To allow a person who has been committed as a sexually violent predator to be released without conditions may, in certain circumstances, place the safety and security of the public at risk. This risk of harm to society may be reduced by the person's mandatory compliance with conditions upon release. For example, if a committee is found no longer "likely to engage in acts of sexual violence" as long as he continues to take medication, it would be folly to release him into the general populace without conditioning his release upon compliance with a required course of medication. [E.D., supra, 353 N.J. Super. at 456-57.]
Indeed, the "conditions placed on the released individual can reduce the likelihood that the person will engage in acts of sexual violence . . . ." J.F.F., supra, 365 N.J. Super. at 501-02.
Having determined, therefore, that Judge Perretti has the inherent authority to impose conditions, the next question is whether the condition imposed of release to an appropriate structured living arrangement is warranted upon discharge. In this regard, we note that the hearing judge is in the best position to determine what conditions, if any, should be placed upon A.X.F.'s discharge. See In re Commitment of Newsome, 176 N.J. Super. 511, 519 (App. Div. 1980). Moreover, in reviewing a judgment for commitment under the SVPA, the scope of appellate review is "extremely narrow," and the trial court's decision should be given the "'utmost deference' and modified only where the record reveals a clear abuse of discretion." In re Commitment of J.P., 339 N.J. Super. 443, 459 (App. Div. 2001) (citing State v. Fields, 77 N.J. 282, 311 (1978)). See also In re Commitment of V.A., 357 N.J. Super. 55, 63 (App. Div.), certif. denied, 177 N.J. 490 (2003). "The appropriate inquiry is to canvass the . . . expert testimony in the record and determine whether the lower court['s] findings were clearly erroneous." In re D.C., 146 N.J. 31, 58-59 (1996).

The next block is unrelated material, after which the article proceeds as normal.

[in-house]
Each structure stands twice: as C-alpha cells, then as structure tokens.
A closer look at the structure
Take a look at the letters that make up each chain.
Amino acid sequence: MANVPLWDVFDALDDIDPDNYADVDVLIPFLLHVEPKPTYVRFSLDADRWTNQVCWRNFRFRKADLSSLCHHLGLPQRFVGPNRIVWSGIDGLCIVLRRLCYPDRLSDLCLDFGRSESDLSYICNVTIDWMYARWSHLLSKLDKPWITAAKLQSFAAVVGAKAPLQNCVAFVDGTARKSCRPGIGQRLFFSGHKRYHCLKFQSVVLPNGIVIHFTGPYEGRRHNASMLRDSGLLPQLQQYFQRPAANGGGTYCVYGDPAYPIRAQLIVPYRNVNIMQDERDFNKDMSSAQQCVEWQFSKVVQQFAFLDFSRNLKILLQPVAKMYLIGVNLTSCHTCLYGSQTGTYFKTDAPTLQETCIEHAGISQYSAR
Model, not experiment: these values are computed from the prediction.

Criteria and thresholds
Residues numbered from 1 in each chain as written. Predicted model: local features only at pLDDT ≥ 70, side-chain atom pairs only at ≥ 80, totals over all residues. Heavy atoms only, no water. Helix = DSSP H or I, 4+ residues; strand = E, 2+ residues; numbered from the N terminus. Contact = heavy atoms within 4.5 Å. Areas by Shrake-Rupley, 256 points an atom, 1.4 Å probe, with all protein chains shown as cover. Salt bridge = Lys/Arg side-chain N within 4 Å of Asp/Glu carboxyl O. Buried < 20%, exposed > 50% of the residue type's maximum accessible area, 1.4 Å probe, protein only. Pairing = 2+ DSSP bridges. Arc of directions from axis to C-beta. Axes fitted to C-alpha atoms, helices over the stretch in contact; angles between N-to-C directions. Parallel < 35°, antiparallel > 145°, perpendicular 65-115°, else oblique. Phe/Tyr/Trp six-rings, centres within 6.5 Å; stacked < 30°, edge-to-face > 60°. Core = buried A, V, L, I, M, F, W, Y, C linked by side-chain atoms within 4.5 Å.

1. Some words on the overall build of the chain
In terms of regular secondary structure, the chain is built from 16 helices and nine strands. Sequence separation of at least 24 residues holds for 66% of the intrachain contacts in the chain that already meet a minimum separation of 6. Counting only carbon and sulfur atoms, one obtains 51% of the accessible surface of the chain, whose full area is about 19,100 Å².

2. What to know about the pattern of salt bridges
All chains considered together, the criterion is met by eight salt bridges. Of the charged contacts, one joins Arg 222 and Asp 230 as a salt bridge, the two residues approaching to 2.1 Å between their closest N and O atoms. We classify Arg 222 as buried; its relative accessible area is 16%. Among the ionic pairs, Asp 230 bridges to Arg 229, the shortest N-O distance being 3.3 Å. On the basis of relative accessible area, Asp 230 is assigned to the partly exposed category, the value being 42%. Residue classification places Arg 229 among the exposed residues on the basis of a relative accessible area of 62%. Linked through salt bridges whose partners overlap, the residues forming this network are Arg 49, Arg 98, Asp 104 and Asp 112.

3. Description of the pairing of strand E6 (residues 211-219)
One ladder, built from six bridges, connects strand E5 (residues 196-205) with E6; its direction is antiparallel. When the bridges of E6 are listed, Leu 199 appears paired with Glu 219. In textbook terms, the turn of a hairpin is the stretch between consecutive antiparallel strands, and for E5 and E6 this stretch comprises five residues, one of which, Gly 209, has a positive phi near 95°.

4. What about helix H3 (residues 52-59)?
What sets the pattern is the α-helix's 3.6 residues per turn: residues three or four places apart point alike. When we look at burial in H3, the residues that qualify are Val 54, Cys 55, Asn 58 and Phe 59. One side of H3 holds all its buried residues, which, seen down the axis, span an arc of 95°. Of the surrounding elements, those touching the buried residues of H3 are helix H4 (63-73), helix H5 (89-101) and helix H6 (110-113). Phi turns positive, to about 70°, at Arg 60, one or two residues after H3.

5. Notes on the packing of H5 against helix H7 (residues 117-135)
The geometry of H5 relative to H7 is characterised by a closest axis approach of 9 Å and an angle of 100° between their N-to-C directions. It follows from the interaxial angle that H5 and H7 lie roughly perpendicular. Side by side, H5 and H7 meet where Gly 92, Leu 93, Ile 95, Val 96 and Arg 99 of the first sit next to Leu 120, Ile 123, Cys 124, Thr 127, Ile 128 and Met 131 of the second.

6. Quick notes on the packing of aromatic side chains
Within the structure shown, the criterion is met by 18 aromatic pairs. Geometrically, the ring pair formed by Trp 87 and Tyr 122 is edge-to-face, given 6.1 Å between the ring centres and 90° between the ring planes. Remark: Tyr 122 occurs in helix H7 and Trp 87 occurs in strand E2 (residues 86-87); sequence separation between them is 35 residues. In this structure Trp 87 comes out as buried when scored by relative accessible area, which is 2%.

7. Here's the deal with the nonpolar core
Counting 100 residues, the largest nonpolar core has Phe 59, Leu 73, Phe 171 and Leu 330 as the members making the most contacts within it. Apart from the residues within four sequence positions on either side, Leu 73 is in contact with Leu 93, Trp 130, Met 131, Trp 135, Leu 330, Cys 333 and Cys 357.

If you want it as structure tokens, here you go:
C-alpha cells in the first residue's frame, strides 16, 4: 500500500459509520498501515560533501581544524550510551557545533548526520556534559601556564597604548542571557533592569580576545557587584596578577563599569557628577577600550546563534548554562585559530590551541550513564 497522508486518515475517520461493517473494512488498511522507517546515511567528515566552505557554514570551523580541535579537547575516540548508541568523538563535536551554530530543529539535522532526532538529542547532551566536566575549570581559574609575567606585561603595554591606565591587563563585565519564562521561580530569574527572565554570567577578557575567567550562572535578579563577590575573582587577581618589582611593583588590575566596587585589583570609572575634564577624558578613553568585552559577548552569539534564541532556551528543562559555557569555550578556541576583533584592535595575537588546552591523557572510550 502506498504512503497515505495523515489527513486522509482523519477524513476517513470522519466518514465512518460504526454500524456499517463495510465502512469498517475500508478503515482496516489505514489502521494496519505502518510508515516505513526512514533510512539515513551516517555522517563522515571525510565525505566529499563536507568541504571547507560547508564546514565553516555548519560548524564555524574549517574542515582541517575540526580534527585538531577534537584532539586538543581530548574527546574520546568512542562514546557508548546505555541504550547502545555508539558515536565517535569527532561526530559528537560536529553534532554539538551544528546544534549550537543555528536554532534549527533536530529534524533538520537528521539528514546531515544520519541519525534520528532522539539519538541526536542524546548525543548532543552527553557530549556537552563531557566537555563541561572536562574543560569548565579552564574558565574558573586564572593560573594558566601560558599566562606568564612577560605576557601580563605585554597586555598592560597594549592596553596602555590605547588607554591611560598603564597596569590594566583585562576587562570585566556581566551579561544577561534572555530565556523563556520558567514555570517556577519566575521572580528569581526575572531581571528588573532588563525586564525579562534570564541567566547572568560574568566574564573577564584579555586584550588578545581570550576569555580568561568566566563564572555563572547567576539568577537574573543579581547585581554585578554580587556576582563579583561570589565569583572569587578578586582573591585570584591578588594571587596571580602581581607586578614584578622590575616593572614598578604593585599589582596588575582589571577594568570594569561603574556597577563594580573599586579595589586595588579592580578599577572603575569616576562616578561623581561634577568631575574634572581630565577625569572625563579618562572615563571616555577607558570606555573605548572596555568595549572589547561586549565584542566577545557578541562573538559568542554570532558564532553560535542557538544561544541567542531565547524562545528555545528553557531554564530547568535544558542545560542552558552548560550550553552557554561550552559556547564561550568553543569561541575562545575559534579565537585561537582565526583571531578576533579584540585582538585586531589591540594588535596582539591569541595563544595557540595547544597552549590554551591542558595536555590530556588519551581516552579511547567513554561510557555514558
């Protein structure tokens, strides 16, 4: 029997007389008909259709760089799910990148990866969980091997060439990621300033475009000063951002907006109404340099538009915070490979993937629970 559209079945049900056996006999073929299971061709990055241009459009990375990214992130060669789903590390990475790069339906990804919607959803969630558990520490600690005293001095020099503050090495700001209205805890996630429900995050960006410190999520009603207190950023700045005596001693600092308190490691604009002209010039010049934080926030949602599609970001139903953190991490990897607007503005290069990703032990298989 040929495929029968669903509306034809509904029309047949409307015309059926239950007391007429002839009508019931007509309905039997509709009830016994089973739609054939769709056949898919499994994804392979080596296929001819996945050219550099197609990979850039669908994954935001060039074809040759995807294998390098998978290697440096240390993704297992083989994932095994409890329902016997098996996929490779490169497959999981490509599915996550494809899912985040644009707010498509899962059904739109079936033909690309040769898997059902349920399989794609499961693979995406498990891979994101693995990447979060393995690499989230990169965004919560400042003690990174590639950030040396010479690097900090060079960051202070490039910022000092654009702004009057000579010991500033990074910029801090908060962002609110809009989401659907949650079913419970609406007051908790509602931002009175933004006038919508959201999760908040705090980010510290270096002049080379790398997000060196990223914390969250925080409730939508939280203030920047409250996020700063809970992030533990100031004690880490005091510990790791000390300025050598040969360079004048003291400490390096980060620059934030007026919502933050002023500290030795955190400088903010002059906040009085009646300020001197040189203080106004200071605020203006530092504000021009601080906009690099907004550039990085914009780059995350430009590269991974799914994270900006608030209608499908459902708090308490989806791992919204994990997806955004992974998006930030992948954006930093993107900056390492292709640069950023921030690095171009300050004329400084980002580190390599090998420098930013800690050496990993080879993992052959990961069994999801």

We are satisfied from our review of the record that the judge's finding that A.X.F. is still likely to engage in acts of sexual violence if not confined to a secure facility for control, care and treatment or if released to his own apartment, is amply supported by credible evidence.